Summit to Discuss Yemen’s Inclusion
MUSCAT - The Gulf Cooperation Council (GCC) leaders will discuss Yemen’s inclusion as a full member of the council, but it is unlikely that any firm decision will be made before the summit closes tomorrow.
The 2001 summit in Muscat endorsed the idea of Yemen joining several of the GCC organisations but not as a full member. At the Abu Dhabi summit in December 2005, the strategic resolution of starting the process of Yemen’s integration to the bloc by 2015 was passed.The decision to support development and infrastructure projects in Yemen was also taken.
But Yemen would want to be a part of the GCC bloc sooner than 2015 to enjoy the privilege of the oil windfall economies of its richer neighbours.
“That is most unlikely.Yemen is a poor country and GCC states know the country will be an economic burden to let Yemen in so soon with its infrastructure not yet developed in the same standard like the Gulf countries,” Ali Saif Al Hudaify, a political analyst based in Muscat told Khaleej Times. He said there is a need to formulate a clear vision to define the mechanism of Yemen’s full admission to the Gulf Cooperation. Yemen-GCC relations are cordial, and there are no political, cultural or social obstacles impeding Yemen’s entry into the six-member bloc.In fact, that there are common denominators that provide an impetus to Yemen’s inclusion.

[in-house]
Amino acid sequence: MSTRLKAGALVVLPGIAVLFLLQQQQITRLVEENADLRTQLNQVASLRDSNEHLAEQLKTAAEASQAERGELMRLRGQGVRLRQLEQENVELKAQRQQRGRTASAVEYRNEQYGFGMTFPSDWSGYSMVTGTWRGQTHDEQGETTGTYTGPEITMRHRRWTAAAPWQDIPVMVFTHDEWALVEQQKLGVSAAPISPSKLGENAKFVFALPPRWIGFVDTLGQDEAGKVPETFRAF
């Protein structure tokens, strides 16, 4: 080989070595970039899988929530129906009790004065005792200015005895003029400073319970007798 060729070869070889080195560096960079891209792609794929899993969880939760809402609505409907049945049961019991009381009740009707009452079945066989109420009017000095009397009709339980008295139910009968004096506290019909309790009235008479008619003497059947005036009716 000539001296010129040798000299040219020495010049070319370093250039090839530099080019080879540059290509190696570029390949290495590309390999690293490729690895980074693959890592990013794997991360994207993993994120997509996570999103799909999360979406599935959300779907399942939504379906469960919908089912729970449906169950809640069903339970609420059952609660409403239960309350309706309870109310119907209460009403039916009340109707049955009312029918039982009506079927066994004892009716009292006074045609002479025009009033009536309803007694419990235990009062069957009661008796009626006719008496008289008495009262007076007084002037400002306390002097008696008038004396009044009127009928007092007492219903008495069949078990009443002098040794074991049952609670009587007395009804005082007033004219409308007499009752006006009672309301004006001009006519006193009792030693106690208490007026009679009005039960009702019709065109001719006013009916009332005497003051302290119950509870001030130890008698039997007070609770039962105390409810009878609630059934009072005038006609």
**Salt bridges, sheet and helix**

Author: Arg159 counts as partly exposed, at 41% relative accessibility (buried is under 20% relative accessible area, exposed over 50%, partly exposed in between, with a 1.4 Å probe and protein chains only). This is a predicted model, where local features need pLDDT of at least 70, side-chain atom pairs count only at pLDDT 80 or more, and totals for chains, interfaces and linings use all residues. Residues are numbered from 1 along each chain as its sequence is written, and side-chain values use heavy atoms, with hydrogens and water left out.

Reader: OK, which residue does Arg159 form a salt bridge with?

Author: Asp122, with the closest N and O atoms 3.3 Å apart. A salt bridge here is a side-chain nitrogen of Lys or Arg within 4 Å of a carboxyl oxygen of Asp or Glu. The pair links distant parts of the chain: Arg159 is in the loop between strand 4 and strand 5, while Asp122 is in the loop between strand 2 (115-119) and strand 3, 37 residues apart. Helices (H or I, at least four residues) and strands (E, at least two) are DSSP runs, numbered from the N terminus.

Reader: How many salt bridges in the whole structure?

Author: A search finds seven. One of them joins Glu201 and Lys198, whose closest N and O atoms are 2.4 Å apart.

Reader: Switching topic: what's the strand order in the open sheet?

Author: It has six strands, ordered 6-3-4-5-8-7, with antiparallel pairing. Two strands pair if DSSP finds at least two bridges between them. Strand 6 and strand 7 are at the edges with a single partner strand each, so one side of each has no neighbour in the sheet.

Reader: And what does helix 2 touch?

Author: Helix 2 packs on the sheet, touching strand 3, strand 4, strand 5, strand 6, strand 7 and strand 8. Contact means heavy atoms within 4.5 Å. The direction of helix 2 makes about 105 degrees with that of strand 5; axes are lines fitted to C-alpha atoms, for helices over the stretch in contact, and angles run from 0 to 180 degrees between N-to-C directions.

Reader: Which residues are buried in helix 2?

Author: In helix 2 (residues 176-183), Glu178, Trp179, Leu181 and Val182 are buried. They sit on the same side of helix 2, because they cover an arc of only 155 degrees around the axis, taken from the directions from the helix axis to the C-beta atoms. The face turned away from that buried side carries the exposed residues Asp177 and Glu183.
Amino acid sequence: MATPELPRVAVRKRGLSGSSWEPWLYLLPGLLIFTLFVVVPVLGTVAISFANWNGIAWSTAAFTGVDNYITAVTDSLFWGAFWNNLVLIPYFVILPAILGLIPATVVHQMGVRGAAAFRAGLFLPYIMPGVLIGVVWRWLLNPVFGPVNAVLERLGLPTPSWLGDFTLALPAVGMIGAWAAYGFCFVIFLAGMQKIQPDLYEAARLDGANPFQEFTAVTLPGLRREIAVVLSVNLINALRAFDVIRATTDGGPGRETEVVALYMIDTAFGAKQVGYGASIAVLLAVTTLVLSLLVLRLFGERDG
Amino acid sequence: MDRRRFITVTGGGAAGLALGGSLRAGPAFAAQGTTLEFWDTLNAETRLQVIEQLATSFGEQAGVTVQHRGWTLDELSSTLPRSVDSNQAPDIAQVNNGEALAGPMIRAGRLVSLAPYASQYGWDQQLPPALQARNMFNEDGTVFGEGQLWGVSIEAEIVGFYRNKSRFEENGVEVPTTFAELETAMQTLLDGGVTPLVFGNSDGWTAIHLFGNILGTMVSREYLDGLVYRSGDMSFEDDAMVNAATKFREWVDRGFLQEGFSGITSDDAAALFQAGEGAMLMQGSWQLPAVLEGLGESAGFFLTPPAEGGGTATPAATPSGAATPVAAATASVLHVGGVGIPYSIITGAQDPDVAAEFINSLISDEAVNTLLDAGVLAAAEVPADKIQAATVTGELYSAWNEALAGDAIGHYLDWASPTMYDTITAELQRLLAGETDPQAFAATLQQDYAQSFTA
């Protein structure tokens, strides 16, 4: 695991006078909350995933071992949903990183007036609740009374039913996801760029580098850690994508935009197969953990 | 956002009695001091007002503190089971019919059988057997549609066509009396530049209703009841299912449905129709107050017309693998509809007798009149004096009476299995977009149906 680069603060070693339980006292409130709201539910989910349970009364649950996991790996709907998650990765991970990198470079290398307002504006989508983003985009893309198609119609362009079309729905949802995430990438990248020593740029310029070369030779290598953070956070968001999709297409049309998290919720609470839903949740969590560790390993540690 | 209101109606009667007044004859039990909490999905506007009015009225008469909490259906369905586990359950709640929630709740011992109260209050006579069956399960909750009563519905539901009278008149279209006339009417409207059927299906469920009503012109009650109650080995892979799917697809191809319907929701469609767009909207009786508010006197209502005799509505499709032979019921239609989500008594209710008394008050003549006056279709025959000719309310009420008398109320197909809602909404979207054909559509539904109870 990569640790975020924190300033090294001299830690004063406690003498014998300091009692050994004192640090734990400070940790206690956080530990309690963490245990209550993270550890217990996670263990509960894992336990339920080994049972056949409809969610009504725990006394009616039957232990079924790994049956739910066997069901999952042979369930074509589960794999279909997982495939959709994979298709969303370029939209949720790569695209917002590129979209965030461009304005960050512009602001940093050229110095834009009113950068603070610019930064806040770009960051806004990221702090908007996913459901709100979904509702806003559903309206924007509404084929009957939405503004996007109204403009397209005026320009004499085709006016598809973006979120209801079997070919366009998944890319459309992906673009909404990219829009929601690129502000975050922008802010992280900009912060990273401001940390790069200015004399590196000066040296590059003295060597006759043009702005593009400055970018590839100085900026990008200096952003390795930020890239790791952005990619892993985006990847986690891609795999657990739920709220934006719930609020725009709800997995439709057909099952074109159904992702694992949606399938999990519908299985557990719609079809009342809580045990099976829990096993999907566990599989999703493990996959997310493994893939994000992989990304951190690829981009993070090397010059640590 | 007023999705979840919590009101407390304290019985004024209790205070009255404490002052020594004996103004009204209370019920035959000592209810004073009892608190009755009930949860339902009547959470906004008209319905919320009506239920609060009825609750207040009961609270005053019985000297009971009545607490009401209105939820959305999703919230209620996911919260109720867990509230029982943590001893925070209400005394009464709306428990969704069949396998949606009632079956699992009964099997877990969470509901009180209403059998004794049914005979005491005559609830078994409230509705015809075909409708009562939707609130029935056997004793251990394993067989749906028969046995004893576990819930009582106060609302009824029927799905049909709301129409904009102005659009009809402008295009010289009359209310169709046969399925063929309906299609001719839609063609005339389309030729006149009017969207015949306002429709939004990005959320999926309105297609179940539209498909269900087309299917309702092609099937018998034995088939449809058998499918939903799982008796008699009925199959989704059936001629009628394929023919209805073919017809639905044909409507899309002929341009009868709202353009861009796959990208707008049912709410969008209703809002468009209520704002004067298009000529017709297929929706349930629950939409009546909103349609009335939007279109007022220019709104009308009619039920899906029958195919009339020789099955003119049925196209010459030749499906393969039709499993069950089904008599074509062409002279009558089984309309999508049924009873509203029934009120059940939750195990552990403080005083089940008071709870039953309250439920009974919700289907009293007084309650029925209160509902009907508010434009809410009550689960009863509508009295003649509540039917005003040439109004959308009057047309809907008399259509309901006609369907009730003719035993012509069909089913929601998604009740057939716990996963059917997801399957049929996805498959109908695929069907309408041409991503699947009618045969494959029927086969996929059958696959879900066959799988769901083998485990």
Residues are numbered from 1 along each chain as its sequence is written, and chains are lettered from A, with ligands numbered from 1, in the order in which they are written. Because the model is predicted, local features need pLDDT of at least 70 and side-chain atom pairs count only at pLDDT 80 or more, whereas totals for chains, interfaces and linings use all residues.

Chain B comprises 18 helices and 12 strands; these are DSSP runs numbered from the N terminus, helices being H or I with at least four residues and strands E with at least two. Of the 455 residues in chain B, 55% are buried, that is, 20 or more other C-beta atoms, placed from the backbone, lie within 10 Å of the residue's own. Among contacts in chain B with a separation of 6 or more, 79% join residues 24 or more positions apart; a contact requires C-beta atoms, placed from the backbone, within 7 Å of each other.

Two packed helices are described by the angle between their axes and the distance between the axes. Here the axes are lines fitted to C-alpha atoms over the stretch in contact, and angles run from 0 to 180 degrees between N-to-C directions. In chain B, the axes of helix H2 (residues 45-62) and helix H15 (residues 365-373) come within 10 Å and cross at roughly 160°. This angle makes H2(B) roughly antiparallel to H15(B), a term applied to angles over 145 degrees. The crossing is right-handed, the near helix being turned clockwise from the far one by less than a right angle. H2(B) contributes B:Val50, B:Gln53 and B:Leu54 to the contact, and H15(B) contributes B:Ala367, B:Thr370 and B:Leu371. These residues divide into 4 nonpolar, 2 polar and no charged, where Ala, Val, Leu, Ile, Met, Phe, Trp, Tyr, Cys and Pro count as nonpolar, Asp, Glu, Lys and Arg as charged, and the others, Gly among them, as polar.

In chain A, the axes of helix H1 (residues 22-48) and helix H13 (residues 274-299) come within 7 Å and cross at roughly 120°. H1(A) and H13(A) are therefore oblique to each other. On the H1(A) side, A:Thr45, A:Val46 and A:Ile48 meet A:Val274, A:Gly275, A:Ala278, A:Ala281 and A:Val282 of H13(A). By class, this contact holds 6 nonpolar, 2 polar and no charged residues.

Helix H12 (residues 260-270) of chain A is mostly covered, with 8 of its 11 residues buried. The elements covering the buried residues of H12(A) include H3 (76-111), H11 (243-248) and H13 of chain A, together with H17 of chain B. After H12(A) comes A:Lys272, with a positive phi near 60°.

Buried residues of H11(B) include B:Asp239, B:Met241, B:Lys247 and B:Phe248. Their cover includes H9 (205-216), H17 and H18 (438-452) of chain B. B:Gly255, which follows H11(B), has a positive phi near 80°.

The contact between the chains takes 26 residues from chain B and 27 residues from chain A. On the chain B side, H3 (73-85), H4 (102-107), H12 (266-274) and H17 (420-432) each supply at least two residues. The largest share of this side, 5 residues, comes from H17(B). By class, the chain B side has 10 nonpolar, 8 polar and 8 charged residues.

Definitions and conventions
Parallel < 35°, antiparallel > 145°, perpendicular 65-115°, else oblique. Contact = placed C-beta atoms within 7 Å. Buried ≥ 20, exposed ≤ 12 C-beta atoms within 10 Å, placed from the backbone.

“However, Yemen as part of the GCC is important in establishing a good base for regional security and warned that excluding it would be a strategic error, particularly now Iraq has shed its strategic status.
But Yemen needs an economic turnaround, especially improving the standard of living of the people should be the first step in the programme to help Yemen qualify as a GCC member,” he added.
The historic and cultural relations between Yemen and GCC countries may work well for Yemen but will not push forward its inclusion before 2015. Several of the leaders of the GCC since 2001 are not in power anymore and that may change things around.
He said that settling border disputes between Yemen and its neighboring GCC countries represent an important base for enhancing relations between the two sides as well as the need for developing Yemen’s capability to face internal crises.